When female writers create male characters...

Yesterday, I came across a blog post that was created to answer the question: I’m a female writer and I want to make sure my male characters come across as believable. How do I do this?

 The blogger decided to answer this question by detailing how different men and women are in the way they think.

The post asserted that the differences between men and women should lead writers to:

  • Portray male characters as only saying what they mean (in contrast to female characters who can be written as having hidden agendas in their speech).
  • Write male characters as more brief and to the point in their dialogue, with considerably less emotional sharing.
  • Male characters should be written as more egotistical/brazen than female characters.
  • Male characters should be written as more turned on by visual stimuli than female characters, in terms of sexuality.
What do you think about that summation of a male character?

Personally, it made me cringe.

First of all, according to 90% of what’s on that list, apparently I’m a man.

Which is odd, because I’m pretty sure I’m a woman and I never knew that being straightforward and expecting the same of others had anything to do with whether one is female or  male….and since when do the majority of females shy away from brazenly making fools of themselves for the sake of an ego boost?  

The traits listed above aren’t specific to men, they’re specific to certain human personality types that have been created by two things: DNA and personal experience.

So, my issue with what the author of this post wrote is that when a female writer is attempting to create a realistic male character, she would do better to focus more on the character’s backstory (where he comes from, his culture and the environment that he grew up in) than on simply attempting to mimic stereotypical personality traits typically associated with male genitalia.

So, what makes male and female characters differ?

To sum it up, not a whole stinking lot.

When we’re creating a character, the character’s backstory is what’s most important.

The backstory affects the character’s view of life and other people, as well as the way they talk, walk, and react to various situations.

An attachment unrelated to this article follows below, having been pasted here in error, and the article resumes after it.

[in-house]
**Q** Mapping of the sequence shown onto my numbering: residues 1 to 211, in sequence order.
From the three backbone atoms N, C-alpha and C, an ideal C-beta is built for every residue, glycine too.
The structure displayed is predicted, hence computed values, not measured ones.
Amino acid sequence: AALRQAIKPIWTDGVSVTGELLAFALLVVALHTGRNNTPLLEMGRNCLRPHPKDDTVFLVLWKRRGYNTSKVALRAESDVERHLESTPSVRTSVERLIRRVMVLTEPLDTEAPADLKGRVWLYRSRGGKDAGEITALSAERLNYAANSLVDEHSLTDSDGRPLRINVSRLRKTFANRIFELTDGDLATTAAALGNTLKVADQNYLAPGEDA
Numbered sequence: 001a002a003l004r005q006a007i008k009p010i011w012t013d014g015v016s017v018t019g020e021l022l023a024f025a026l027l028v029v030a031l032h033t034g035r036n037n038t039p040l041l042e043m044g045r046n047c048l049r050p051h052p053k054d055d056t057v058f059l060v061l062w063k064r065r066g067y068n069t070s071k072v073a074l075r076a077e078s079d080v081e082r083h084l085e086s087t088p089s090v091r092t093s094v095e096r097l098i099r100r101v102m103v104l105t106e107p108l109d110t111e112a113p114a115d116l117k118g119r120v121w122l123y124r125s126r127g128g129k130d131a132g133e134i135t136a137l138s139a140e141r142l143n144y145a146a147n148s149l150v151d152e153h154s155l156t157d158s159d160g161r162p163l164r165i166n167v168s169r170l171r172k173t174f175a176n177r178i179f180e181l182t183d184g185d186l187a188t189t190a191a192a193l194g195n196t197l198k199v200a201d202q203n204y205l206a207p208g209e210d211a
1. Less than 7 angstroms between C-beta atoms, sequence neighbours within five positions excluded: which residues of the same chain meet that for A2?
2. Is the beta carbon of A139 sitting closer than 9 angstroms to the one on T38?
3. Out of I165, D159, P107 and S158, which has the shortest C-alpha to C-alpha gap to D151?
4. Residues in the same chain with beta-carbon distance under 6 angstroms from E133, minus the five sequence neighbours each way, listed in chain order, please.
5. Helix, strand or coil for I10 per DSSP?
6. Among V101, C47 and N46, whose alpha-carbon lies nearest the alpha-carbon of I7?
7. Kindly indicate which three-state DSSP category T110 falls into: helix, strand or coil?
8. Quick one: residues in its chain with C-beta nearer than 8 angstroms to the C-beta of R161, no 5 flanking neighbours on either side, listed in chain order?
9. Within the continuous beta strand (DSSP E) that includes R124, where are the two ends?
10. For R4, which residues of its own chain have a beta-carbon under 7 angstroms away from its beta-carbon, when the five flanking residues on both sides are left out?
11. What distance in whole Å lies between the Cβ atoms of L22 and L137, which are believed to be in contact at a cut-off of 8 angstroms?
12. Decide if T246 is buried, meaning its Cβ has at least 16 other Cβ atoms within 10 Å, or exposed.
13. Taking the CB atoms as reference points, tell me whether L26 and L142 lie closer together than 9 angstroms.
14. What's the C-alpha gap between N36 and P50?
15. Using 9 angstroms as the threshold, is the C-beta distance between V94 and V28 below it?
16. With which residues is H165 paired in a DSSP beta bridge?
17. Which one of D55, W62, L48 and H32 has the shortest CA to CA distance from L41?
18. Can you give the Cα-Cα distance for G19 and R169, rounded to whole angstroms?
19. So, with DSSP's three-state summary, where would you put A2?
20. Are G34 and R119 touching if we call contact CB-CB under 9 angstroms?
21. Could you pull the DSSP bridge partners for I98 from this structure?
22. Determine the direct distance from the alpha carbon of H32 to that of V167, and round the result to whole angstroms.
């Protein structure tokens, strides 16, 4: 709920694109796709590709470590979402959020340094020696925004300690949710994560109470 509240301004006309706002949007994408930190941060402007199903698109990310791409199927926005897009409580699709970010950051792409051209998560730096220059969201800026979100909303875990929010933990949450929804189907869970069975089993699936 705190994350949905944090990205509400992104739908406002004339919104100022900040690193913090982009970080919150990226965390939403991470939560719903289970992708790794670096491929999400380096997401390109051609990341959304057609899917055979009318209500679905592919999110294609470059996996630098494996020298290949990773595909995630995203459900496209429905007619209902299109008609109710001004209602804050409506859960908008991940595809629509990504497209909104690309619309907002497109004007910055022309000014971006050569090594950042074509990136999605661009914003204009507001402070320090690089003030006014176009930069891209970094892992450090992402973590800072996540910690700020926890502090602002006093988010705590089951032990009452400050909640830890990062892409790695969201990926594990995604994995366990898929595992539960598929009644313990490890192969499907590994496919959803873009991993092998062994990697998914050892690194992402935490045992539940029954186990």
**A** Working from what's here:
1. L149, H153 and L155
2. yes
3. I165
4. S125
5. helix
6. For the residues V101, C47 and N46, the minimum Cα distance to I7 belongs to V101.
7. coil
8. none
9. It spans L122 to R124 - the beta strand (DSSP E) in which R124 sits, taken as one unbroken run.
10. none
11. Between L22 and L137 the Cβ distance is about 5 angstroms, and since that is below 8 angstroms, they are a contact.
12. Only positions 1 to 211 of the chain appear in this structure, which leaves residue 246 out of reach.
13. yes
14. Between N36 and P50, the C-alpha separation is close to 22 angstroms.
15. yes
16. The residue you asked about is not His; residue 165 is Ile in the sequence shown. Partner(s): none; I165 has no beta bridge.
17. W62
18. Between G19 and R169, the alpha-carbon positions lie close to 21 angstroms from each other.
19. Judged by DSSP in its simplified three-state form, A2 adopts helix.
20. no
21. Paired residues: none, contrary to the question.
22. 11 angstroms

While gender might play a small role in shaping a person's reaction to a particular situation (for example, how I react to a Hallmark commercial during a certain time of month), the individual’s upbringing and background carry much greater weight in affecting who a person is at their core. When you think about it, our upbringing is what affects our view of gender and of ourselves in relation to gender roles.

So, instead of second-guessing myself as I write my male character’s dialogue by stopping every few minutes to wonder: “Would a guy actually say this?” what I’m going to start pausing to ask myself is, “What happened in this guy’s past to make him say something like this?”

I really hope I live to see the day when humanity finally gets over the race verses race and male verses female stuff and starts seeing what we all have in common.


We’re all humans, period.
2/14/2013

What do you think about that summation of a male character?

Mostly I think it's actually a statement of social position and associated confidence. The social superior is free to say what they like directly and clearly, and is probably used to doing so when giving orders. The social inferior must be more careful with their words, and may equivocate in case it becomes necessary to have said something else in retrospect.

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